Yes; I voted to put the urban rail on the ballot and will support it. Austin must reduce its dependence on the automobile. Urban rail is critically important to improving affordability, mobility, and the quality of life of Austin’s residents. It will also help reduce our community’s collective impact on the environment (air quality, land use, and urban heat island effects). This initial line is an investment in a larger, more robust transportation network that serves all of Austin.
What are the top three policies you propose to improve mobility and decrease traffic congestion in Austin?
Erin McGann:
Increased better maintained bike paths for those who find biking a great way to get around. Fix the sidewalks and add more sidewalks. This is not easy as we need about $850 million worth of sidewalks to make Austin connected. Increase the bus routes and utilize all different bis options. For less populated routes we can use smaller busses and more populated routes more, bugger busses. We can increase the taxi licenses and the bring in TNC’s.
Chris Riley:
1. Compact and connected development patterns with a mix of uses. We’re seeing more and more people wanting to spend less time in their cars—which is healthier for them and better for the environment. We should be making that easier for everyone.
2. Better bike and pedestrian infrastructure. There’s no reason that Austinites should have to get in the car for very short trips. Not only does culling these short trips off of our roads make it easier for the person taking the trip, it also removes those trips from the streets, making it easier for those taking longer trips to get around.
3. More transit and transportation data. Having technology at our fingertips means we don’t have to guess—we can take the right mode easily every time, without having to wait endlessly. And in a compact, connected city, technology can open up any number of alternative modes, letting everyone choose the one that works best for themselves.
Kathie Tovo:
(1)Improve Transit Options. Austin must invest in and develop policies to support a multi- modal transportation network, which includes public transportation (urban rail, rapid bus); bicycle and pedestrian infrastructure (bike lanes, sidewalks, and safety devices); and strategic roadway improvements (fixing intersections and removing bottle necks). I voted in favor of Project Connect, because I support its vision for long-term investments in our transportation network. (2)Manage Growth. Land use and infrastructure decisions should be harmonized. Growth should be guided to transit corridors and new town centers, where there is opportunity to accommodate additional units supported by public transit. (3)Create Safe Streets. I co-drafted the Families and Children Taskforce Report, which provides a blueprint for making our neighborhood streets safer, including recommendations for traffic calming, educational programs, and investments in Safe Routes to Schools.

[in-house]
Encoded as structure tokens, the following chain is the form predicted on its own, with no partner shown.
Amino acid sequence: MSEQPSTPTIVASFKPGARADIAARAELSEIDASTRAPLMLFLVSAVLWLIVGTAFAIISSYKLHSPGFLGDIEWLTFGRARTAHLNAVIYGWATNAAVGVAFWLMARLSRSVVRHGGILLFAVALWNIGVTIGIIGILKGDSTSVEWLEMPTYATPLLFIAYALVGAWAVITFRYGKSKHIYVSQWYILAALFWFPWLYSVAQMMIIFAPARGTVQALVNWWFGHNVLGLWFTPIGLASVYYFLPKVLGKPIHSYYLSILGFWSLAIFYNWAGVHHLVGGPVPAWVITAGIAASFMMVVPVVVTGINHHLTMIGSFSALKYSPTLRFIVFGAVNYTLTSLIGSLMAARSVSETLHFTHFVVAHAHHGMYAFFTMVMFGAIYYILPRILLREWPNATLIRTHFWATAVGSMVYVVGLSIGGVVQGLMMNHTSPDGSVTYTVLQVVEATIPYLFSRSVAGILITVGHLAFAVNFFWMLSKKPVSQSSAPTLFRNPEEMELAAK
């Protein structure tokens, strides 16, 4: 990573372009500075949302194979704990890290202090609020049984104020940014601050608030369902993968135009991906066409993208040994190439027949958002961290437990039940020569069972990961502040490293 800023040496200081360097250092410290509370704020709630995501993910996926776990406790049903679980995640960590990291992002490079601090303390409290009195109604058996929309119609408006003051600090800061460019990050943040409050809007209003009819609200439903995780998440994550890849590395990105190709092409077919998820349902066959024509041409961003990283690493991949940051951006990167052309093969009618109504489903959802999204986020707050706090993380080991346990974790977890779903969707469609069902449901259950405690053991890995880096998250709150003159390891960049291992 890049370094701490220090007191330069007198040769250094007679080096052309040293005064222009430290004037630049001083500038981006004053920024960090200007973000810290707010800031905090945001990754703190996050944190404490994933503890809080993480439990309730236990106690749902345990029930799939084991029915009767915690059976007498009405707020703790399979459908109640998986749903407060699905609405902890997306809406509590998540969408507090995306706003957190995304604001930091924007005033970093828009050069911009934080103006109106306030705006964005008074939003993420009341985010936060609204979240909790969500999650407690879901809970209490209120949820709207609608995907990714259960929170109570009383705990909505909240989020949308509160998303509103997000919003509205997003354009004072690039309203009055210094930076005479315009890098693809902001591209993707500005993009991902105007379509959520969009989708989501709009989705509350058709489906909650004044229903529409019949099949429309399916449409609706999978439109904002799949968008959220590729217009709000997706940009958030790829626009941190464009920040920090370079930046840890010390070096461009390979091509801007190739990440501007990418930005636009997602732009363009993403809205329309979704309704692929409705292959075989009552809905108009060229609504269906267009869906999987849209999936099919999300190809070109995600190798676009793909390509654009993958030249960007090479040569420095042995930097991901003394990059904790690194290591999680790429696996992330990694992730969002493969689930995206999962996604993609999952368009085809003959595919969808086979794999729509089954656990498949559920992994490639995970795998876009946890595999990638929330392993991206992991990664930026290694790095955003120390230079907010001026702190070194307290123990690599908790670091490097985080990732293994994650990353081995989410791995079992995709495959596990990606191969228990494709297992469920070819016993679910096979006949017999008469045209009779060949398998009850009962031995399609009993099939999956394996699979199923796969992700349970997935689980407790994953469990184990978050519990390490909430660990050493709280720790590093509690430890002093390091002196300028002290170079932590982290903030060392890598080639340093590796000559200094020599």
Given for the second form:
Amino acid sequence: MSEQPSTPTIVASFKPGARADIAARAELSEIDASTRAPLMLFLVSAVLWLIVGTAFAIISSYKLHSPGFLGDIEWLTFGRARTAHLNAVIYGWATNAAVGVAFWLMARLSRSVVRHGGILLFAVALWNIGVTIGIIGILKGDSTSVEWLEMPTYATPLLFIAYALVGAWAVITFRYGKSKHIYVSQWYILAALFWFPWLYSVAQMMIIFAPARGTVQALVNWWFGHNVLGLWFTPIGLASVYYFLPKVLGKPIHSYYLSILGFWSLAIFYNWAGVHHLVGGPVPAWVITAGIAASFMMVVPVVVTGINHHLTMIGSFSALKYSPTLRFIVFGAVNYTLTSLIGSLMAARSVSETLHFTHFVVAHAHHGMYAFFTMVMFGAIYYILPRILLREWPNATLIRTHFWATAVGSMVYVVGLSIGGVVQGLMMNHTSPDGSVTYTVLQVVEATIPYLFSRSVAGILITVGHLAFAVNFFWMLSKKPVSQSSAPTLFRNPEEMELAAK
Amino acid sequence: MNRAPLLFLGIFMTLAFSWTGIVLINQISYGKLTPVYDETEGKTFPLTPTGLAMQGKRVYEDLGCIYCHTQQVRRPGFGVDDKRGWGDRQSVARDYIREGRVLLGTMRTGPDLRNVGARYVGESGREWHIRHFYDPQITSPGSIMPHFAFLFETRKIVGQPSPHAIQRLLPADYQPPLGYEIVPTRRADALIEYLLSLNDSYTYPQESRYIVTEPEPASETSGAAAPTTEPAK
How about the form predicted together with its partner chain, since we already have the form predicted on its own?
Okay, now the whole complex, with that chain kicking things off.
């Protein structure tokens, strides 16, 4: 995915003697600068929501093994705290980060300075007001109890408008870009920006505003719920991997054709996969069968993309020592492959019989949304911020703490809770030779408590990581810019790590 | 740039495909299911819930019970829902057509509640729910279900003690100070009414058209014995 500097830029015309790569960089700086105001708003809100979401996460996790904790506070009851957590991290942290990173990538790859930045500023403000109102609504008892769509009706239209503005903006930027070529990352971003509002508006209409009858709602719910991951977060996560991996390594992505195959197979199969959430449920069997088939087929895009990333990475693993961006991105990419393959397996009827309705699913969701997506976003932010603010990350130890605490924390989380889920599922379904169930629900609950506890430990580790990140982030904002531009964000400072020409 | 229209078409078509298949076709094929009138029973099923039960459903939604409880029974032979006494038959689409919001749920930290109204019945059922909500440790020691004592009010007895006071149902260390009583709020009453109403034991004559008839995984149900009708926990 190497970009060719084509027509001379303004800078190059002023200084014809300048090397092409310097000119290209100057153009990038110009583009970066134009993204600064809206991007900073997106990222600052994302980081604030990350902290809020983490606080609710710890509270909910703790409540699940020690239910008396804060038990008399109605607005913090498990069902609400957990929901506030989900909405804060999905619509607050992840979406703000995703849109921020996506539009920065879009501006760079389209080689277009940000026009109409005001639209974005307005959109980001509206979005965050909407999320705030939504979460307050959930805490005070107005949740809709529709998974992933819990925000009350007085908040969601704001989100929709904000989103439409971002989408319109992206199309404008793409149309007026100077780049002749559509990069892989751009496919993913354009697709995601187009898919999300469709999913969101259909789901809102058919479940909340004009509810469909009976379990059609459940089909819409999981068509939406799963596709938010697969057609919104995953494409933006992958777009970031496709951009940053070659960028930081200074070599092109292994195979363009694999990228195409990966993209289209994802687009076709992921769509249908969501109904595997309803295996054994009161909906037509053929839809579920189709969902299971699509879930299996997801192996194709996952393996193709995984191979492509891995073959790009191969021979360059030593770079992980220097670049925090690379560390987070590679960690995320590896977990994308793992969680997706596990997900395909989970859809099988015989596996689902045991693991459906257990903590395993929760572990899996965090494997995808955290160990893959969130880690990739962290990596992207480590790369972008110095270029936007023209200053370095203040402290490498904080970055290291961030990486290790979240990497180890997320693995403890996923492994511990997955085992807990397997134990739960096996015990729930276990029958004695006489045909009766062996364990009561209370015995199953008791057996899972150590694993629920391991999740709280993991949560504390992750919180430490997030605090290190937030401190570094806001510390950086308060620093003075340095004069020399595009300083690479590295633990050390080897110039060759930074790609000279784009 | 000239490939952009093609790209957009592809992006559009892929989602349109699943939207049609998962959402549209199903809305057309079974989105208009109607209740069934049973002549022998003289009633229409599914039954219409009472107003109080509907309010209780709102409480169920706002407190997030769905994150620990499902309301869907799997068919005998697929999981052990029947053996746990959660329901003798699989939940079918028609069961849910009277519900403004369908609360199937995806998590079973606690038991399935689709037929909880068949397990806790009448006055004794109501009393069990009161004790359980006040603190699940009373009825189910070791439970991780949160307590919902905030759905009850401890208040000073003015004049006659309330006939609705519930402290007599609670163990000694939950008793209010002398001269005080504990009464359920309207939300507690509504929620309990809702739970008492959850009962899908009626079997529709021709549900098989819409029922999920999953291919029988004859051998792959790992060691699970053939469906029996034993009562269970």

Rents are skyrocketing in Austin. Do you support increasing the rental housing supply, and if so, where?
Erin McGann:
We need an increased supply of all housing in Austin. Currently all the development in the central city area is high end small units. None of the development is appropriate for families. We can approve housing that is affordable and can be access able for all budgets. I think we need more housing all over the city, we should encourage people to work and live close together if possible as this will reduce road congestion as well.
Chris Riley:
I’ve supported increasing rental housing throughout the central city. Rental units like garage apartments are a great way to accommodate density in neighborhoods. We also need more options along our corridors, in transit nodes, and in activity centers like Downtown or West Campus. And in between those denser areas and single-family homes, we need more “missing middle” housing options. We can do way better at providing all these options than we’ve done for the past 50 years.
Kathie Tovo:
Austin needs to both build more rental units and increase ownership opportunities. I support the comprehensive and neighborhood plans’ visions of accommodating new density along
transit corridors and in transit-supported town centers, while still preserving the qualities that make each neighborhood unique. We must encourage a mix of housing types (more 2 and 3- bedrooms) and preserve (through rehabilitation) and build more affordable units to provide housing for families of all sizes and income levels.
How can we make sure the city’s infrastructure is equipped to handle its growth?